Counter-Ion Binding To Actin

Eucaryotic cells contain a pool of cations that are bound to negatively charged metabolites, enzymes, and enzyme assemblies. Monovalent cations, such as sodium and potassium, form a cloud of counterions surrounding negatively charged biomolecules. The behavior of these ions can be described by continuum electrostatic (Poisson-Boltzmann) models of aqueous solutions near biomolecules. Divalent calcium and magnesium ions, however, are poised to bind to specific sites. Thereby, they neutralize any negatively charged surface at physiological ionic concentrations (Fig. 1). In such situations the implicit representation of ions near a protein surface by means of Poisson-Boltzmann theory is no longer valid, and explicit modeling of the ions is required. Unfortunately, low-affinity sites often remain undetected in crystallographic structures. At typical conditions of crystal buffers the sites are often occupied by monovalent ions that are difficult to distinguish from water molecules in the observed electron density map. Our goal is to develop a reliable method to predict low-affinity binding sites of calcium and magnesium ions. Once identified, divalent cations can be included in molecular dynamics, electrostatics, and Brownian dynamics calculations for an improved accuracy of the modeling.

Fig. 1 (click to enlarge): Actin monomers before and after counterion binding. Top: In the absence of calcium ions, the protein is negatively charged. Bottom: After binding of five counterions at predicted sites, the protein is neutralized. The isocontours (red) at -3 kcal/mol were calculated with the program Grasp at 0 ionic strength.

Our research is concerned, in particular, with the divalent-cation-driven polymerization of actin (described elsewhere). The aggregation requires the binding of divalent cations to five low-affinity sites (Kd ~15mM), neutralizing the monomers (charge at pH 7: -10 e). The location of these sites in the actin crystal structure is unknown. Brownian dynamics studies of actin-binding proteins and actin are under way in several research groups. As outlined above, these studies require the prediction of actin's divalent cation binding sites.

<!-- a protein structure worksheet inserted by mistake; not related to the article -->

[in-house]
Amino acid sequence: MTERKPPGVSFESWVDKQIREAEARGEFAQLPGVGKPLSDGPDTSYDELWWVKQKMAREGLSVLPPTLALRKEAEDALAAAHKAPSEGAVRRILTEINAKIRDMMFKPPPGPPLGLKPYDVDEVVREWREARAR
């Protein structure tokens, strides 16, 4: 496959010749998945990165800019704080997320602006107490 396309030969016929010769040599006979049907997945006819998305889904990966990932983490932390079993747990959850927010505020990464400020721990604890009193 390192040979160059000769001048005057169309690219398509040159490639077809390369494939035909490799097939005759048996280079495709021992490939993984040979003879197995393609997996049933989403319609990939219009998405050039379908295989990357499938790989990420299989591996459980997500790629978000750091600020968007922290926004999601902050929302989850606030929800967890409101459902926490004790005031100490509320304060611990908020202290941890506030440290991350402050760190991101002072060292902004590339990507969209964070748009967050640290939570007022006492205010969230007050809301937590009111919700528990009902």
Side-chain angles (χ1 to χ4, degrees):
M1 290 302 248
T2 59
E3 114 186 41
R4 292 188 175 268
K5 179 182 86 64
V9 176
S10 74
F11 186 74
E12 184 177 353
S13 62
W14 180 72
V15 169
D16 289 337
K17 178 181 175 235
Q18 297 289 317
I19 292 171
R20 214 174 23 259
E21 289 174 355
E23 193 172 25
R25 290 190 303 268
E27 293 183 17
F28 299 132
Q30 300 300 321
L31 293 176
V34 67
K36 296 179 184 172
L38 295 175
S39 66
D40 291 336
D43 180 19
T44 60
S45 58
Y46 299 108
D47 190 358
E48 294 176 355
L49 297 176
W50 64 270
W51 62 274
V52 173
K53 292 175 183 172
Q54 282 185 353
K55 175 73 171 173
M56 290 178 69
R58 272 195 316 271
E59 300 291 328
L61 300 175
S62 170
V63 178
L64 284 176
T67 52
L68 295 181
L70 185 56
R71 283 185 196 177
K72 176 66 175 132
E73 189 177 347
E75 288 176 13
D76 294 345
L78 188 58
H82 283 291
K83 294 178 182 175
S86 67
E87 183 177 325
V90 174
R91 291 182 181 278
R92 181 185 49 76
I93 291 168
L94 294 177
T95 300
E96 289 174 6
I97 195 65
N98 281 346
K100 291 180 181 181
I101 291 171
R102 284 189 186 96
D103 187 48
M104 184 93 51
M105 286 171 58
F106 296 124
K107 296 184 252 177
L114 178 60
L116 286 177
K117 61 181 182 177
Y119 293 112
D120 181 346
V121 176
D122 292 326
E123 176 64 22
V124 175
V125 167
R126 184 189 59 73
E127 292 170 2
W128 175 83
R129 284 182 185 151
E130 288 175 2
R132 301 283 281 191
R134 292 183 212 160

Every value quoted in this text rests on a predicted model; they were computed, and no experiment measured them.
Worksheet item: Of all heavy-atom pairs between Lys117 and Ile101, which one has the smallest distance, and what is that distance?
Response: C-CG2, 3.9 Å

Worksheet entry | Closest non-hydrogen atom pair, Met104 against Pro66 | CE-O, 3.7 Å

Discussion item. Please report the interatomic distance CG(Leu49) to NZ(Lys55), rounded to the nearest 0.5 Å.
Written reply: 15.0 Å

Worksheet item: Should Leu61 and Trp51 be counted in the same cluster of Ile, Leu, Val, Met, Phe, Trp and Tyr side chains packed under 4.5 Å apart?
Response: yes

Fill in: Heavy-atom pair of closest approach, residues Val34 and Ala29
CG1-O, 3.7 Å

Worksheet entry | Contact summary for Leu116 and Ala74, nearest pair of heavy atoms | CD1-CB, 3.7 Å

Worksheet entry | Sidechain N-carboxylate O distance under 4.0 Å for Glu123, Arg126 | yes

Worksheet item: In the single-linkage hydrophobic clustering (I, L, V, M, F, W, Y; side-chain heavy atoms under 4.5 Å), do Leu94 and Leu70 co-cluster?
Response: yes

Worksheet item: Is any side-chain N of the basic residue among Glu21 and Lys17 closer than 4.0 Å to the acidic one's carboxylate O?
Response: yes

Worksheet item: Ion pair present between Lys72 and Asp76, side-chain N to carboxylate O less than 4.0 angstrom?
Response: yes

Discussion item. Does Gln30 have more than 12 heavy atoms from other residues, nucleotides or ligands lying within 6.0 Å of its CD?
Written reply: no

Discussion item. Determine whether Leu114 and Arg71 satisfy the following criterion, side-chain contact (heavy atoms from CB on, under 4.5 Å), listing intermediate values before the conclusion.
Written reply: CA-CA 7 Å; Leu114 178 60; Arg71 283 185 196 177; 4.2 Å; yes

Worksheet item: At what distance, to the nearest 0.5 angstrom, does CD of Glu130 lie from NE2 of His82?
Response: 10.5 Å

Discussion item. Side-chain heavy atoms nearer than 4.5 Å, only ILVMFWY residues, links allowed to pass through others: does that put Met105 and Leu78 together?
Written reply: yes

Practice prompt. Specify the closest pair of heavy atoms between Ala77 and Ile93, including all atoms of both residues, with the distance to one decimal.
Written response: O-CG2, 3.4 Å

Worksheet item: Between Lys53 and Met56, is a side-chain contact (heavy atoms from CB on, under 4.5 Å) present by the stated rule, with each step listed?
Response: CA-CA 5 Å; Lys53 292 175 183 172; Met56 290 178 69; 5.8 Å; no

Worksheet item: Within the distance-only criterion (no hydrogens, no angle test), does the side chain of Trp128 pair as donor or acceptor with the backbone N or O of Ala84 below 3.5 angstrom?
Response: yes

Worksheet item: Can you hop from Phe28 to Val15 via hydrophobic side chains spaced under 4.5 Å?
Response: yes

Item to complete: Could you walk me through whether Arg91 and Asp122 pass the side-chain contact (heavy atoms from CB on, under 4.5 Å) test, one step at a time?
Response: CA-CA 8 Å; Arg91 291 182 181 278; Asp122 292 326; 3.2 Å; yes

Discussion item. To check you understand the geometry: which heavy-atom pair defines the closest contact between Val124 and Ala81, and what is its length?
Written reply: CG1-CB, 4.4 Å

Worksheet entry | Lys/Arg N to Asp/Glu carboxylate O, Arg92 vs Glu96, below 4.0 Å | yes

We have initiated searches for actin's five divalent cation binding sites and computed the free energy of binding at 10,000 equally-spaced test sites on actin's ion-accessible surface using the program UHBD (Fig. 2). These preliminary calculations will be followed by more extensive studies including side chain flexibility, ion cooperativity, and a ranking of the sites by the free energy of binding.

Fig. 2 (click to enlarge): Free energy of calcium binding to the actin monomer surface. Red: -5 kcal/mol; green: 0, blue; +5 kcal/mol.

Finally, we collaborate with the laboratory of Gerard Wong to determine directly the binding of counter-ion clouds to actin filament bundles by small-angle x-ray scattering (see reference below).


  1. Thomas E. Angelini, Hongjun Liang, Willy Wriggers and Gerard Wong. Like-charge attraction between polyelectrolytes induced by counterion charge density waves. PNAS, 2003, Vol. 100, pp. 8634-8637. [Abstract] [Article] [Software]

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